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Warm Heart, Battery-Heated Outerwear

Updated on October 26, 2012
* image of "Winter" courtesy of Jan Zabroda at StockXching
* image of "Winter" courtesy of Jan Zabroda at StockXching

Review of Motorcycle Battery-Heated Outerwear

Battery-Heated Outerwear

The concept of battery-heated outerwear took a long time to hit the store racks and regular people's backs in this Canada, this Land of Overwhelming Winter. I think we all heard about battery-heated mittens back in the 70s. Most of us didn't know that motorcyclists, ski-ers, and other more elite winter athletes were plugging into battery-operated heated outerwear in the 1990s. The closest many of us came to electrically-heated comfort was the driver's battery-heated car seat.

The human body strives to produce and retain heat under environmentally chilling conditions not just for health reasons, but also to be comfortable. In very cold weather it is necessary to keep moving, to metabolize to produce heat. Shivering is the hypothermic body's last-ditch attempt to pump up the heat.

Traditional cold-weather outerwear is often bulky and prone to get damp (and then cold) with precipitation or overheating that produces sweat (as in the fellow who shovels snow from his driveway. One must keep moving to keep warm. The stress of being cold and wet takes its toll on the immune system.

Well, the Age of Battery-Heated Outerwear has arrived! For about the cost of a vacation for one to Hawaii for two weeks on the beach in January you can outfit yourself and your favourite grandkids to keep warm in those white-out walks in a prairie blizzard. (I forget, why do people live where they have blizzards?) You can even get a battery-heated mat, bed and bowl for Bowzer (bowl?) so that he doesn't have to be uncomfortably chilly either.

For example, a certain women's soft-shell heated jacket can be warmed up, in 3 heat zones on your back and chest, to a flaming 113 degrees Fahrenheit (whew-- that's hotter than on the beach in Hawaii-- more like a lake beach in Southern Saskatchewan in mid-July!)

  • The technology is such that you can turn the temperature up and down (like an old-fashioned, pre-computerized home thermostat) for comfort and for convenience, the ultra-slim battery pack does not have to be re-charged for up to five hours (*depending on how high you are hiking that baby up).
  • The jacket is non-bulky and attractively tailored
  • The shell has three handy layers that resist light rain and snow, act as a windbreaker, and the laminate layer helps the jacket to breathe so you don't over-heat
  • Inside cuffs and cinch cords at the waist prevent heat from escaping or cold from coming in

Along with the jacket you might like to accessorize with:

  • battery-heated thermal soles to insert into your shoes or boots (keep your feet warm for up to 8 hours)
  • battery-heated socks
  • battery-heated sweaters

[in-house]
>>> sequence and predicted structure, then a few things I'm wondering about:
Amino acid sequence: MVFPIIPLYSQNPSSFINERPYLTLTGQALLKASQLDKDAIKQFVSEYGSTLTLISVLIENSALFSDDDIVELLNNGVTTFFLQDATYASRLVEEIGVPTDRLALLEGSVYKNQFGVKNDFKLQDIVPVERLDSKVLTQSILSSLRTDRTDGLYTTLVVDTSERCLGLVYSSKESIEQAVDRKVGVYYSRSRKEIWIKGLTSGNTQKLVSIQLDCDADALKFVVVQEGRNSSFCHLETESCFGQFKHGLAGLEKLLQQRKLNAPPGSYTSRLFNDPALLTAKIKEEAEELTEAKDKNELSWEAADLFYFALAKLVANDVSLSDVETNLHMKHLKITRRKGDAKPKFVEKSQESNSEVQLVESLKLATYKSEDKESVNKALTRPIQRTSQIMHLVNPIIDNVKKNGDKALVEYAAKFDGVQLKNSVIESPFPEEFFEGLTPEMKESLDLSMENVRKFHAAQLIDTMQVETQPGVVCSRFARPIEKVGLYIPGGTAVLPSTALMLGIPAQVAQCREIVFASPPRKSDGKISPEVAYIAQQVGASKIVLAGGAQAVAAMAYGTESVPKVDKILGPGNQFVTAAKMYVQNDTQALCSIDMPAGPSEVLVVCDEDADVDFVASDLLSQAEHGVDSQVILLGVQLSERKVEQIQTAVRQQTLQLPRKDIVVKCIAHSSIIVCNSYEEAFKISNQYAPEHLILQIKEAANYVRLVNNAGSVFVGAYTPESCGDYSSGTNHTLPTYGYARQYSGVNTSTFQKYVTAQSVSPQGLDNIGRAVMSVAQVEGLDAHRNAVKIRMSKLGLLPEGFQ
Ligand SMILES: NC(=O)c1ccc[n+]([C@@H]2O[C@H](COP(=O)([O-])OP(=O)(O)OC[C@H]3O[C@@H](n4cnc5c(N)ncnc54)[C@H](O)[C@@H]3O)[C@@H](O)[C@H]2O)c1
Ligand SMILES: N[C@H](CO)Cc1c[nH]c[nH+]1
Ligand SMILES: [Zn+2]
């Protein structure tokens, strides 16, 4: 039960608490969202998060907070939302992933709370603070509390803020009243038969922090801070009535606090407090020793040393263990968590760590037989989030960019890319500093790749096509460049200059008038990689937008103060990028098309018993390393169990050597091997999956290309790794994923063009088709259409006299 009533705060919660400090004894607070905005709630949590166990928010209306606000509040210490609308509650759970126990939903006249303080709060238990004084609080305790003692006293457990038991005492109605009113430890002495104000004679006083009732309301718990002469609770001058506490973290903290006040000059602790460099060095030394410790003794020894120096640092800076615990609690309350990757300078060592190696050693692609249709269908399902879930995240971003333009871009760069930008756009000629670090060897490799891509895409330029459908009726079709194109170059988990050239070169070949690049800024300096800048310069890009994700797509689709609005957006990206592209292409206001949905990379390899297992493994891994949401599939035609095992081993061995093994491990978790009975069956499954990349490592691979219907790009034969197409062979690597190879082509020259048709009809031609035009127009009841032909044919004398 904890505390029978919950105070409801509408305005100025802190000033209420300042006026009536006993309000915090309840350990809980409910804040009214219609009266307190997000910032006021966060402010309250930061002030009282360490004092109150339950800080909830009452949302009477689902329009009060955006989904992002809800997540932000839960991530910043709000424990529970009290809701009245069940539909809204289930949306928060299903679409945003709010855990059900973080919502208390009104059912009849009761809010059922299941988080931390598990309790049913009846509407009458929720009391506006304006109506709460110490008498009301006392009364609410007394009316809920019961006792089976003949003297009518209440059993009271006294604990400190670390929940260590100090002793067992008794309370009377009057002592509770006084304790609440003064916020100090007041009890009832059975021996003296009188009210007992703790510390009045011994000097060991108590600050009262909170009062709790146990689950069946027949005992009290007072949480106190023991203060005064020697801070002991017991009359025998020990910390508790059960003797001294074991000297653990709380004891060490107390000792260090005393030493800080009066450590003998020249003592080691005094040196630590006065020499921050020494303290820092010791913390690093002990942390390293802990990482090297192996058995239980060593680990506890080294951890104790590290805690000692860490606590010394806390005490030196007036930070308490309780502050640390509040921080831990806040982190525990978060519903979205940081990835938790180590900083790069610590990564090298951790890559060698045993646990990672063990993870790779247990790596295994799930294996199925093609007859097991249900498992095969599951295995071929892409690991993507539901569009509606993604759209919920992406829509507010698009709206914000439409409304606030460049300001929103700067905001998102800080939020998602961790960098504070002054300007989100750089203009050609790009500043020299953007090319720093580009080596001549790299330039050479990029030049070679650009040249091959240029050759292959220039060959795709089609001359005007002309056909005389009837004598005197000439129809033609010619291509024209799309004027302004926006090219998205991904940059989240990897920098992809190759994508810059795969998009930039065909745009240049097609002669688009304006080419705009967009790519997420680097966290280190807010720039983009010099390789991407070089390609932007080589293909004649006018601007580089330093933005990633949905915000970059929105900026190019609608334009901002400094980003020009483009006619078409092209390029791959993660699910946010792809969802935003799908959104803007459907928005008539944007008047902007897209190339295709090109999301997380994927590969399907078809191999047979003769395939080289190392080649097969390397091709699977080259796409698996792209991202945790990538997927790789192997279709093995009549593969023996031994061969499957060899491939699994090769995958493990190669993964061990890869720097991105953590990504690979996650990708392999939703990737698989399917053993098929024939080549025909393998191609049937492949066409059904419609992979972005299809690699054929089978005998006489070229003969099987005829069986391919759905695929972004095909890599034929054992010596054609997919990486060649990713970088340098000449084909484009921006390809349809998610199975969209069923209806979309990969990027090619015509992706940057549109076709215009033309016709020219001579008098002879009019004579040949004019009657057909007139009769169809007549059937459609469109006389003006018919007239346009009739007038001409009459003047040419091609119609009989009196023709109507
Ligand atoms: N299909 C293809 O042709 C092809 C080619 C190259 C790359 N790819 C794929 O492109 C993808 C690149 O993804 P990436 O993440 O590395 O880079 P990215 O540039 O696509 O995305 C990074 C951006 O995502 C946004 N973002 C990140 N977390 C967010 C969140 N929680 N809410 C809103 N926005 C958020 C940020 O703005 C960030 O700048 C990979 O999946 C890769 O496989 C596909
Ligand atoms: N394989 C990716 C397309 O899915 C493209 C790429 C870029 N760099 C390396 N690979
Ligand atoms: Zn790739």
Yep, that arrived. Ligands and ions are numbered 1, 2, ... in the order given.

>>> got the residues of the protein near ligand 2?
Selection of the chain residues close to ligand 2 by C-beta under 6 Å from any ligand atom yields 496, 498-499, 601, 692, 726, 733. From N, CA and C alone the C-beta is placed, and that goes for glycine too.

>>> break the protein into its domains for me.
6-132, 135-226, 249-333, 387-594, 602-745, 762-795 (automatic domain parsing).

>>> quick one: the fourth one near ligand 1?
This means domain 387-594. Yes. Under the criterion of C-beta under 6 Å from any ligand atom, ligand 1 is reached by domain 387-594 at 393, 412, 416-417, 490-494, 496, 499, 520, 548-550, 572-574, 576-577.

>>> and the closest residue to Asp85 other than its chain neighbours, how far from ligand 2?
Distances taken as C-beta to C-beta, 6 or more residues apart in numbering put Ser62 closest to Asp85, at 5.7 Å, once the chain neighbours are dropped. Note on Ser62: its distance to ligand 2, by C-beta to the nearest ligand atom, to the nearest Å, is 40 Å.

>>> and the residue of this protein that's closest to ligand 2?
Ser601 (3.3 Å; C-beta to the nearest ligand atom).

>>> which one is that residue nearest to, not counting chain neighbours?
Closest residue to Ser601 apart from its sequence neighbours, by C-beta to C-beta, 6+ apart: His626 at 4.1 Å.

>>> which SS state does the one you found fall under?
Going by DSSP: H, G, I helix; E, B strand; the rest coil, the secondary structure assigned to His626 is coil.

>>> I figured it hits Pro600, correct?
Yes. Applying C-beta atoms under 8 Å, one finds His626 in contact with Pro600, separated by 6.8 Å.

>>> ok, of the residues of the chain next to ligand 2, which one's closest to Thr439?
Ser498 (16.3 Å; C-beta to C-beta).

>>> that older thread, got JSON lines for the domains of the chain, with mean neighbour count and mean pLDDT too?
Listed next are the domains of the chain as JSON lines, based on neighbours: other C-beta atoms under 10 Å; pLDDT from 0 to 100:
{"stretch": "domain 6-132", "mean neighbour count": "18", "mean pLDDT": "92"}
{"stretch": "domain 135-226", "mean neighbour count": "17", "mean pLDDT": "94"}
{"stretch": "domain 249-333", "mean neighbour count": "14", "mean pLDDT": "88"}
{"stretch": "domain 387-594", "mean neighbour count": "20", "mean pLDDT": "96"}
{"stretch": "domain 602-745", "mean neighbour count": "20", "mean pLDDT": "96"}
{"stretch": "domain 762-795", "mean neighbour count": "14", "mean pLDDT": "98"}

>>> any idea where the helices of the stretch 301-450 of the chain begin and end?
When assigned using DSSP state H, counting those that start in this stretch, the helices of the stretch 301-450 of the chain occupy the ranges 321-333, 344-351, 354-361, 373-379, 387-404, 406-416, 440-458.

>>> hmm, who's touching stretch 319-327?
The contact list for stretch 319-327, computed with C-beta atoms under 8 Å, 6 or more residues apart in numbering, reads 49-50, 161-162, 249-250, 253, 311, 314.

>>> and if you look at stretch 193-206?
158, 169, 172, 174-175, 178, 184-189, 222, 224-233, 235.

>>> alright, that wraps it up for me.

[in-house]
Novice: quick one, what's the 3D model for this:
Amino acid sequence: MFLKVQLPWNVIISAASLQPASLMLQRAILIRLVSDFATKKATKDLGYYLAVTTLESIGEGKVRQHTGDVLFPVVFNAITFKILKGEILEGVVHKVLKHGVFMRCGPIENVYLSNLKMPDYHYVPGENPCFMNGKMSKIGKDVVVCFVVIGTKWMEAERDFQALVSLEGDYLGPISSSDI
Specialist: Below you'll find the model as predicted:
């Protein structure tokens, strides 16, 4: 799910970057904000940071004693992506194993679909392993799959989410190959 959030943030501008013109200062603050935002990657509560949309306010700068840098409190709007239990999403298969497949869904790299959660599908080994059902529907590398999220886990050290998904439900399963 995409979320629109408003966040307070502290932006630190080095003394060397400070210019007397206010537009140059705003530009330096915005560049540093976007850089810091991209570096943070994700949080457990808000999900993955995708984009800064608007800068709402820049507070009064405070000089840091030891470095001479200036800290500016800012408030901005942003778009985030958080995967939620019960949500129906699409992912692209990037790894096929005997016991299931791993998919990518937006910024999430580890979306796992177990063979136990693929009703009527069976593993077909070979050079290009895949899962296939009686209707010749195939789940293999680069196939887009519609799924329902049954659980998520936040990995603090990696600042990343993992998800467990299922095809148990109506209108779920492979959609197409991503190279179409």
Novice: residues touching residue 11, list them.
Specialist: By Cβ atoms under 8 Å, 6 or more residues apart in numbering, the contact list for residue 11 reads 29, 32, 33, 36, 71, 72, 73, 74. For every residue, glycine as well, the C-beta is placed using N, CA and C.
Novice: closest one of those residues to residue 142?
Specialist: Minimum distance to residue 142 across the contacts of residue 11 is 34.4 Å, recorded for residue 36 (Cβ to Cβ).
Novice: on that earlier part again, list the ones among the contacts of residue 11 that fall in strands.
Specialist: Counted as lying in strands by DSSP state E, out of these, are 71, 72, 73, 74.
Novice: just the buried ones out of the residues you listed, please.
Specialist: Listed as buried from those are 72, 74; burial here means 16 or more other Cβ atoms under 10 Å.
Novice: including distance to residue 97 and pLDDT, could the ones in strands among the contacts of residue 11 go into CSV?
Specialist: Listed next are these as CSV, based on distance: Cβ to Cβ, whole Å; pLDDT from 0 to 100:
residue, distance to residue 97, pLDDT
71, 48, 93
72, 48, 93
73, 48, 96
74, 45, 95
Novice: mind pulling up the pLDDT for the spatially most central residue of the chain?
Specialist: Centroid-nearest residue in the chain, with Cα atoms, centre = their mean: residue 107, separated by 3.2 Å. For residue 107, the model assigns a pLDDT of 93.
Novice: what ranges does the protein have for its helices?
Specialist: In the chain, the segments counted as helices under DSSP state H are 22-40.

• battery-heated gloves
  • battery-heated pants

With battery-operated heat you can continue to be toasty warm even if your clothes are damp or if you are sitting on a bleacher at a football game in -20 weather-- you don't have to move around OR change into dry clothing to maintain body warmth.
Motorcylists will typically use their motorcycle's 12 V. battery as a source of energy for their battery-warmed clothing. A jacket or leggings will not be a drain, but if several pieces of clothing are attached it might turn out to be a down-day for H. Davidson.
A gel pack can still be used to heat up pockets, etc. The gel pack is heated in the microwave oven and then placed in the pockets of the jacket to warm it up along the flanks and allow for warming of the hands. There are several sorts of chemical heating packs that have been used over the years, but the rechargeable battery pack appears to have caught on as being effective, safe, convenient, and enviro-friendly.


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    • techygran profile image

      Cynthia 2 years ago from Vancouver Island, Canada

      Hi Diyana, I'm thinking you are talking about military-designed weather-wear by DefCon5? Pretty funny! Thanks for dropping by and commenting.

      Dear RTalloni- Thank you for dropping by and commenting! I no longer live in the cold heartland, but I can say that there have been a lot of improvements in outdoor garb since I was a girl, 50+ years ago, and children get driven and picked up more often than we ever did. I would now agree that wearing all the products at once would probably be most comfortable way to go, and thanks for the link to the hand warmers! ~Cynthia

    • RTalloni profile image

      RTalloni 2 years ago from the short journey

      Having grown up in Florida, now that we live in the Carolinas I love to see fluffy white stuff and to play in it for a while but I would definitely have to have the heat controlled jacket if I lived further north. I know it's a different kind of cold, but child, cold is cold. My best friend this time of year is HotHands, , but I'm not sure all of their products used at once would meet the need of a Canadian prairie winter!

    • profile image

      Diiyana 2 years ago

      I was seruoisly at DefCon 5 until I saw this post.

    • techygran profile image

      Cynthia 7 years ago from Vancouver Island, Canada

      thanks for your comments ed... i believe that a battery-heated pair of gloves or a vest would not go amiss even in this tropical british

    • profile image

      ed 7 years ago

      Do I still wish I was in Saskatchewan? NO. But maybe I would have checked this out if they were available then.

      But of course much of Canada is cold during what can be a long winter.